Author Spotlight- Neal and Jarrod Shusterman

Posted November 11, 2021 by stuckint in Uncategorized / 0 Comments

Hi everyone, fancy seeing you here in the Stacks!

Today, I’m continuing my three post series featuring Neal and Jarrod Shusterman along with their new YA contemporary release: Roxy.

I loved this book and I was thrilled to chat with Neal and Jarrod about their latest project. Be sure to check back for a spoiler free review of Roxy and drop any questions you have for Neal or Jarrod in the comments!

About the Book

Author Spotlight- Neal and Jarrod ShustermanRoxy by Neal Shusterman, Jarrod Shusterman
Published by Simon Schuster Books for Young Readers on November 9, 2021
Pages: 384

From the team that brought you the New York Times bestselling Dry comes a riveting new thriller that proves when gods play games, even love is a lie.
The freeway is coming.
It will cut the neighborhood in two. Construction has already started, pushing toward this corridor of condemned houses and cracked concrete with the momentum of the inevitable. Yet there you are, in the fifth house on the left, fighting for your life.
Ramey, I.
The victim of the bet between two manufactured gods: the seductive and lethal Roxy (Oxycontin), who is at the top of her game, and the smart, high-achieving Addison (Adderall), who is tired of being the helpful one, and longs for a more dangerous, less wholesome image. The wager—a contest to see who can bring their mark to “the Party” first—is a race to the bottom of a rave that has raged since the beginning of time. And you are only human, dazzled by the lights and music. Drawn by what the drugs offer—tempted to take that step past helpful to harmful…and the troubled places that lie beyond.
But there are two I. Rameys—Isaac, a soccer player thrown into Roxy’s orbit by a bad fall and a bad doctor and Ivy, his older sister, whose increasing frustration with her untreated ADHD leads her to renew her acquaintance with Addy.
Which one are you?

About the Authors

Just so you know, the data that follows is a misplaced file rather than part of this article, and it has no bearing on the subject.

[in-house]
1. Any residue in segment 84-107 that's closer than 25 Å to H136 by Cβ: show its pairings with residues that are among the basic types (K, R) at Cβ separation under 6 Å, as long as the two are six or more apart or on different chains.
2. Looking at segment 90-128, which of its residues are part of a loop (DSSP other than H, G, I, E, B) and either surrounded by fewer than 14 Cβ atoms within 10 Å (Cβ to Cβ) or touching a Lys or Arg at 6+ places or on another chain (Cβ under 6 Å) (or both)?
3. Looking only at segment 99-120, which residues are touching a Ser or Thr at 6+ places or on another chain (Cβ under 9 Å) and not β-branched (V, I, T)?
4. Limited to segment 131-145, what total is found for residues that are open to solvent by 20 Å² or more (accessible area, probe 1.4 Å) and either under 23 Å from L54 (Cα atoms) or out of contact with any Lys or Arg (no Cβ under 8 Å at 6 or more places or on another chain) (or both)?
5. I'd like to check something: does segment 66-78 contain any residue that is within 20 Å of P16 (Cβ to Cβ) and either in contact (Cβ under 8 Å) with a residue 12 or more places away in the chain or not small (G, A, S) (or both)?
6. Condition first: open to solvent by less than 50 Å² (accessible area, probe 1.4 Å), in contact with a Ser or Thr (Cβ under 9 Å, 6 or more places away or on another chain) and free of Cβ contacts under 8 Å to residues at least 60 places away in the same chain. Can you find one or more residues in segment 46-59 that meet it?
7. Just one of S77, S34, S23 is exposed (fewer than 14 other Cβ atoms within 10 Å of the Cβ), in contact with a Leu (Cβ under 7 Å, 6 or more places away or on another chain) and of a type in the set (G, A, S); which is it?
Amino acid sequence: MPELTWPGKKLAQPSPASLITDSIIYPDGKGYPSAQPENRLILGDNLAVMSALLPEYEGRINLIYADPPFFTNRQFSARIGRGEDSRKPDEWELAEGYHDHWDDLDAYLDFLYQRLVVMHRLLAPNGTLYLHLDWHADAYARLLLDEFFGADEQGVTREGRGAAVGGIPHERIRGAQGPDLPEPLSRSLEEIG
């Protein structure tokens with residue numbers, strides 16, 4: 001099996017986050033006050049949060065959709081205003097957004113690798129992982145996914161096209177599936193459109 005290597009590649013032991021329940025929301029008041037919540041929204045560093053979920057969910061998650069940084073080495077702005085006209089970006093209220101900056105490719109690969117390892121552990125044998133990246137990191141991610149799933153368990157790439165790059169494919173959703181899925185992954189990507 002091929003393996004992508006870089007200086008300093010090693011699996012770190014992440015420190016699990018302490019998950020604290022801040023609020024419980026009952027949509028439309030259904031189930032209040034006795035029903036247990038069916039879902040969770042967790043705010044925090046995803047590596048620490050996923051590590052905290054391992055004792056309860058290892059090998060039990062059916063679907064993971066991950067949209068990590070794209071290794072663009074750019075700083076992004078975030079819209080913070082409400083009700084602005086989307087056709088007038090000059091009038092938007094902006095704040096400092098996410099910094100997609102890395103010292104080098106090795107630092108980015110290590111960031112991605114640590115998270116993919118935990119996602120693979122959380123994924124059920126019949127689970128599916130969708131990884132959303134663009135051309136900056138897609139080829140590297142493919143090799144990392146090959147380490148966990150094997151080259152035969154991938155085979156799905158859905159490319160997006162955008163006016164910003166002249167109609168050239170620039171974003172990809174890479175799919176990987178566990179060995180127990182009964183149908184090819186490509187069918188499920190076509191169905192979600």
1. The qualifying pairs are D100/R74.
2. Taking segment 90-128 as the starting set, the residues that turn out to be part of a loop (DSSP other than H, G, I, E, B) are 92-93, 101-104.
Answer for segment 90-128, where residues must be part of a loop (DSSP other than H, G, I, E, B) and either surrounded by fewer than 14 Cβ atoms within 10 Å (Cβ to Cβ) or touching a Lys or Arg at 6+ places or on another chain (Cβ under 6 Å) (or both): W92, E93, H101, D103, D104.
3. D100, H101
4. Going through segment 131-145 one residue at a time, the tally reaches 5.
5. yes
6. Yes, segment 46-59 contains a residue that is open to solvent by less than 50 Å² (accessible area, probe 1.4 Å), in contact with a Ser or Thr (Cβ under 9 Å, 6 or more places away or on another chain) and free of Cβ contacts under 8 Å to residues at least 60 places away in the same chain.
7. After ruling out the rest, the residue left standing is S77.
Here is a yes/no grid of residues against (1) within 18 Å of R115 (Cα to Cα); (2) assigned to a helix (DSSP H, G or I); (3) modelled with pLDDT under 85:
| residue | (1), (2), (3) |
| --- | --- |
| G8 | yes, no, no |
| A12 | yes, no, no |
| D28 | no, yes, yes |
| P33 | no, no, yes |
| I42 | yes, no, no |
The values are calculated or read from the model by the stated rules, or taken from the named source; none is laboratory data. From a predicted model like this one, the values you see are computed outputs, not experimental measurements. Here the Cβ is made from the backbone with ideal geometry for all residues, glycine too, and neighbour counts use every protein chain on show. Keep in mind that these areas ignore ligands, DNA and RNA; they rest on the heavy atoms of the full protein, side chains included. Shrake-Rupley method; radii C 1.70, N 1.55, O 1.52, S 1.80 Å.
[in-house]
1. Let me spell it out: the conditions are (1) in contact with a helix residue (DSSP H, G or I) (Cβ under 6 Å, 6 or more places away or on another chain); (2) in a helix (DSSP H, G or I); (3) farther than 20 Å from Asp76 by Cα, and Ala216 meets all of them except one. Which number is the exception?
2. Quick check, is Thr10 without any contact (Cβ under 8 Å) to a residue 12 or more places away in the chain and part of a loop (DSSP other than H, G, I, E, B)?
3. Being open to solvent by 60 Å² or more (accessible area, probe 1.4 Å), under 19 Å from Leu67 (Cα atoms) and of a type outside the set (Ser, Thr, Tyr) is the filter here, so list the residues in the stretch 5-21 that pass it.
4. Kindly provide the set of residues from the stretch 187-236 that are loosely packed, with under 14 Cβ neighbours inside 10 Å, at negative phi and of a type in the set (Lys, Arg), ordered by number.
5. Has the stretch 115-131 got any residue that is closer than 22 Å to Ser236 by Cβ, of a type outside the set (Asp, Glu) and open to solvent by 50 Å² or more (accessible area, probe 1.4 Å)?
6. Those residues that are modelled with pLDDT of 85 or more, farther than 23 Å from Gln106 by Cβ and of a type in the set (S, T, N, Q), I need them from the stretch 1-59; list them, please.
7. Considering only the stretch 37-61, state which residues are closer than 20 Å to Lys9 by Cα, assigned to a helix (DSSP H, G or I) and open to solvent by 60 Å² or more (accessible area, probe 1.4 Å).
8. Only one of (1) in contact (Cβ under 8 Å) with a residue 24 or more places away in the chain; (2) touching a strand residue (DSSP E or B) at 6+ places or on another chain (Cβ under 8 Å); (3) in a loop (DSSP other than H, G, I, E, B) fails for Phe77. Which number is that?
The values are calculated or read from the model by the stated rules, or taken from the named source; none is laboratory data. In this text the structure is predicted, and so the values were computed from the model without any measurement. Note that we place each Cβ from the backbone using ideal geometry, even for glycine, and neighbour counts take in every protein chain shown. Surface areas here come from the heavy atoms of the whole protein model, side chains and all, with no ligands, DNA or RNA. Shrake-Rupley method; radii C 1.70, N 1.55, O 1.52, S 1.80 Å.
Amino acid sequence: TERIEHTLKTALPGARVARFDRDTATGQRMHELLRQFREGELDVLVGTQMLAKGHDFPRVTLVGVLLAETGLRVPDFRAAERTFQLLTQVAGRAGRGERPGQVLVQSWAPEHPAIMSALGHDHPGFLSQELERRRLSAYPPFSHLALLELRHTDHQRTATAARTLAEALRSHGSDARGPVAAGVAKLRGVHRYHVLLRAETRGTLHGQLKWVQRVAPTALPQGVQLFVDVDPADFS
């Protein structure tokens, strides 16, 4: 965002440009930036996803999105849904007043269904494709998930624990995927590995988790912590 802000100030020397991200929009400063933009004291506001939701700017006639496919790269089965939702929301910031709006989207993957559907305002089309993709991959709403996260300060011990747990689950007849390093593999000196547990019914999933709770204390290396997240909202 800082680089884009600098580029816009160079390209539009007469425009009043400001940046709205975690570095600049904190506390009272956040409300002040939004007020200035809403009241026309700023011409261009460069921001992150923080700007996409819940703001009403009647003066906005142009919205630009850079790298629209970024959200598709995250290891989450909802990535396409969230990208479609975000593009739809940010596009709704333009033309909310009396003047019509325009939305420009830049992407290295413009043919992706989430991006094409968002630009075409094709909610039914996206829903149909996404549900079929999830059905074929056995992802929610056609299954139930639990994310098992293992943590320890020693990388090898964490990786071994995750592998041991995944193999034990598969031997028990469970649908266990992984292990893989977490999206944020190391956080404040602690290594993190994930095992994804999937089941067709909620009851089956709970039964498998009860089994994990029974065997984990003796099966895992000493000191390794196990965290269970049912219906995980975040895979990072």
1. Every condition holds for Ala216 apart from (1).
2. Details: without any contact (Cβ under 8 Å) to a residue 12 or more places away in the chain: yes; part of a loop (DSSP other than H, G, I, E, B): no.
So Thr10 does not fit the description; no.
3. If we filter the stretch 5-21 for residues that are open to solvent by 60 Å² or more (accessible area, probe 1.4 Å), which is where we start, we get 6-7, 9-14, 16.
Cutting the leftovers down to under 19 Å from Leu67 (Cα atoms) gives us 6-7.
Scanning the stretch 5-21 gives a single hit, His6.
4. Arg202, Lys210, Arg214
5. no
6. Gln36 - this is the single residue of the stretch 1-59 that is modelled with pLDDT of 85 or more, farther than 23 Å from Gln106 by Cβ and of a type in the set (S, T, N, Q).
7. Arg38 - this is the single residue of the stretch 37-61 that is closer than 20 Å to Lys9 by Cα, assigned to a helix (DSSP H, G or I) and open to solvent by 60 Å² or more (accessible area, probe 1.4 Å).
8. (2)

Neal Shusterman , american writer of young-adult fictio

Neal Shusterman is the  New York Times bestselling author of more than thirty award-winning books for children, teens, and adults, including the Unwind dystology, the Skinjacker trilogy,  Downsiders, and  Challenger Deep, which won the National Book Award.  Scythe, the first book in his latest series, Arc of a Scythe, is a Michael L. Printz Honor Book. He also writes screenplays for motion pictures and television shows. Neal is the father of four, all of whom are talented writers and artists themselves. Visit Neal at and

Jarrod Shusterman is the  New York Times bestselling coauthor of  Dry. He has a passion for storytelling across many mediums, with love and multiculturalism as an ethos. Jarrod writes and directs with his partner Sofia, under their company Dos Lobos Entertainment. Together they enjoy traveling the world and learning new languages, living between Los Angeles and Spain. They can be found on Instagram @DosLobosMedia.

The Interview

  1. -For readers who haven’t read Roxy what is the novel about and what was the inspirational behind it?

Neal:  Jarrod and I had gotten together to brainstorm ideas for our next book—and we got to talking about unique storytelling perspectives.  For instance, there was a story I had co-written with Jarrod’s brother, Brendan, for Shaun David Hutchinson’s “Violent Ends” story anthology.  Our story, “Presumed Destroyed,” was about a school shooter, as were all the stories in the collection—but ours took the point of view of the weapon itself.  We thought how powerful it would be to tell a story about drug addiction from the point of view of the drugs, personified.

Jarrod: It wasn’t long until my dad came with the idea:what if they were just like Greek Gods? And that’s when ROXY just took off. We had the story worked out within a few weeks, and then naturally it grew and evolved during the writing process. So often a story comes together in a series of defining moments, and for us, ROXY was formed as a concept very quickly. It was surprising to both of us in that regard.

  1. -Do either of you have personal experience with drug addiction? How did that impact your writing of the book and how you told the story?